I was somewhat encouraged by the DOJ’s opinion that the process should not be stayed while the “constitutionality” of Article 238.14 is considered. Not knowing the make-up of the Board however, makes me nervous about whether or not they will agree with the Attorney General’s opinion and push the process forward while the AMPMQ pursues higher judicial remedy.

    I have serious doubt (perhaps Mr. Suave, as a C-Division member could weigh in on this himself) that the AMPMQ actually represents the wishes/opinions of the majority or even a significant minority of C-Division members in their current stance; The notion that they would rather continue down the current road with

  8. no representation indefinitely, while the argument exhausts itself, rather than adopt an organization that represents all of us equally, seems irrational. Is there a sufficient number of C-Division members that belong to the AMPMQ within C-Division to support this position? Of the 850 or so members in C-Division, how many are represented by the AMPMQ? The notion that a small percentage of people would want to hold the entire process hostage is reprehensible and smacks to me of desperation on the part of a few individuals struggling to remain relevant or influential.

    Buried deep within the AMPMQ’s submisssion to the Board is the argument that C-Division members are an “identifiable” group and as such, should receive as much consideration as the entire RCMP member group for the purposes of selecting a bargaining agent. I agree with this statement to the same extent that I would with saying that “Lower Mainland” members could also make that argument or “female members” or “brown-eyed, bald members over the age of 40” could be an identifiable group. Where do we drawn the line? The AMPMQ contends that they need their own C-Division group due to their “geographical, functional, administrative and linguistic characteristics. All of these distinctions are pure rubbish.

    As for the “linguistic” argument, it holds no water whatsoever when they do not seek to represent all Francophone members – just those within the boundaries of Quebec. As for the geographic argument, it holds no water when considered objectively. The geography of the region is as diverse as it is anywhere in the country. Do the folks in sub-arctic regions of Quebec feel more akin to those living in the suburbs of Montreal than they do to those people living at the same latitudes as themselves in nearby Nunavut? I think not.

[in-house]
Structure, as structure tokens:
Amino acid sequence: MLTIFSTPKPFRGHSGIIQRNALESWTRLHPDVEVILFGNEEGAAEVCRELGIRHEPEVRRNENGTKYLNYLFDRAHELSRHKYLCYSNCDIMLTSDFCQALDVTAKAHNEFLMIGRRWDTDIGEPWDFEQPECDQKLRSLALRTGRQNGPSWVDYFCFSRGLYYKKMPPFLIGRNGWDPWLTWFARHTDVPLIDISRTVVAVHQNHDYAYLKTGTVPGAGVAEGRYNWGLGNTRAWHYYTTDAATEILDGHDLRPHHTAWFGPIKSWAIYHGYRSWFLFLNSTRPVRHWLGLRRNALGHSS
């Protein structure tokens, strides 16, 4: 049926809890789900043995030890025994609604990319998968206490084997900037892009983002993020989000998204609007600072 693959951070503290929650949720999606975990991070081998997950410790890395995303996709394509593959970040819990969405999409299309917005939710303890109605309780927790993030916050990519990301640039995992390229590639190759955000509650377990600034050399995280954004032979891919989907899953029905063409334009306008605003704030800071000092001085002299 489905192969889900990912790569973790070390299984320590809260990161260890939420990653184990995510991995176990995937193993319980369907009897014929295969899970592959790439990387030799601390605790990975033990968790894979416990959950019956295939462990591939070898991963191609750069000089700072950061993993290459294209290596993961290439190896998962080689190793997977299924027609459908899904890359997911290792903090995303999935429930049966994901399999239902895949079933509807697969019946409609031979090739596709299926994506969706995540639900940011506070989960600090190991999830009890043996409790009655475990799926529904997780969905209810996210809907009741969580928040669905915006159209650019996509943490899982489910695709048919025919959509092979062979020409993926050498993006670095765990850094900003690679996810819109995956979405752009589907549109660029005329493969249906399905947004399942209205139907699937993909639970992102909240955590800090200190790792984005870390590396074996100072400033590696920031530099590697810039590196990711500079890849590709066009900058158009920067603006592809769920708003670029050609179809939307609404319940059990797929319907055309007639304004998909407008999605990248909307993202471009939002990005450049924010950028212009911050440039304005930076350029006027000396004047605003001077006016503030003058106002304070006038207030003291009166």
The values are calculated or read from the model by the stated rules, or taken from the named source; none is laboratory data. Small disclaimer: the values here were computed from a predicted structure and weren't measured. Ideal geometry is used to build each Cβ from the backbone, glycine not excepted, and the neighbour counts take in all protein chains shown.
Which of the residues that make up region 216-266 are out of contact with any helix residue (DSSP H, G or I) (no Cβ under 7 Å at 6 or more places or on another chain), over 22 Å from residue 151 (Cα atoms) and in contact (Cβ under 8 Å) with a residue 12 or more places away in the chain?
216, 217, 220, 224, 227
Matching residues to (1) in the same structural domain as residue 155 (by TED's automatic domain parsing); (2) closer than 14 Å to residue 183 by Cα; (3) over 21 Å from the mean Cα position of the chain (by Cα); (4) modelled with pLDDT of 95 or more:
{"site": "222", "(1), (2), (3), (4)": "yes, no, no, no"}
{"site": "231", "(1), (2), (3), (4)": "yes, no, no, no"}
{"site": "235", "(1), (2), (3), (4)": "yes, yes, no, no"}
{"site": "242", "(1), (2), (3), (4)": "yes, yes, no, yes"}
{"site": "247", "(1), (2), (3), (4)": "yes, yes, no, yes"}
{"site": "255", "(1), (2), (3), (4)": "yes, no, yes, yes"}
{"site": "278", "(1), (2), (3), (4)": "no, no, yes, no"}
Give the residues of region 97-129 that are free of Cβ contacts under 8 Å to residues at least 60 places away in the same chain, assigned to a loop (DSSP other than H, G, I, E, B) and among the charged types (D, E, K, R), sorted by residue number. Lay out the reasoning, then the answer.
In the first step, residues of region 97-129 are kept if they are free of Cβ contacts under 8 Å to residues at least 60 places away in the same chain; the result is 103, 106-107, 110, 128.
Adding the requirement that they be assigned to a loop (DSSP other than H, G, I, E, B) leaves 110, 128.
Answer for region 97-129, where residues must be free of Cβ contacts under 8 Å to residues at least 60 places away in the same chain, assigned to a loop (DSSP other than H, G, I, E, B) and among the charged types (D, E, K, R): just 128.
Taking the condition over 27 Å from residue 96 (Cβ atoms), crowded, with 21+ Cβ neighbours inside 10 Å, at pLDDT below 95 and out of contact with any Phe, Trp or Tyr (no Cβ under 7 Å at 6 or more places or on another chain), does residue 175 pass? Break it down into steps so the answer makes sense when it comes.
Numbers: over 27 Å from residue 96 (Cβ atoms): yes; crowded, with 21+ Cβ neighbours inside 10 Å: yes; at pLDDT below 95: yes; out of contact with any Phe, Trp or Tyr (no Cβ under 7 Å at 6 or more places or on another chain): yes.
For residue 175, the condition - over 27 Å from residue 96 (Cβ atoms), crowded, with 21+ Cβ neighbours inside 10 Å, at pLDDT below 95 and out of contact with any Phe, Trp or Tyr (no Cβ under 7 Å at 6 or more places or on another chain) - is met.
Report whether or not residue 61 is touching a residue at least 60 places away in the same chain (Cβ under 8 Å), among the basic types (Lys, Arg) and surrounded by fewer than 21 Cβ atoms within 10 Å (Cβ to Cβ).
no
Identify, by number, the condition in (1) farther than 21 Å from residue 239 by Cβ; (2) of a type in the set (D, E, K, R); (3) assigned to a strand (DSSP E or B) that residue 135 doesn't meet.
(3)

Let’s briefly consider the “functional” and “administrative” distinctions put forth by the legal team of the AMPMQ. I am unsure just what they believe to be unique or “indentifiable” in their division with respect to administration and function, given that the Force Policy with respect to administration is set nationally and not within the division itself and function would not be remarkably different than it would be in any federal enforcement function elsewhere in the country. So much for the “identifiable group” argument.

    I am not seeking to be inflammatory here. During the course of my duties, I have had as much exposure to the rank and file members of C-Division as I have had to members of other divisions. I find that, as with any other body of members, they seem reasonable and accommodating. Their concerns with regard to pay, benefits, training and resources don’t seem to differ from others I have had contact with. This begs two questions for me: What is this really about? Who is driving this?

    I suspect that this whole situation is the work of a small group of misguided individuals desperately searching for a way to remain important and influential despite the divisive atmosphere they are creating in a process that should be unifying and liberating for members. I suspect that the AMPMQ assertions buried deep in the “legalese” of their legal team’s submissions would not pass the “sniff” test within C-Division any more than it would elsewhere.

    Is that what this is going to come down to; the definition of what constitutes an “identifiable group”? I sincerely hope that this does not stall the process to any extent. I think what may work in favour of all RCMP members, not just members of the NPF or AMPMQ or any other “identifiable” group, is the need to ensure we get the representation process completed as quickly as we can. Once that is in place, we can address key issues that are currently plaguing the membership; the sorts of things that have directly resulted in member deaths in the recent past, adequate resourcing, training and equipment. As with all comparisons of groups of people, upon close examination of our “characteristics”, we will discover that we have many more commonalities than we have differences.


    J. Robilliard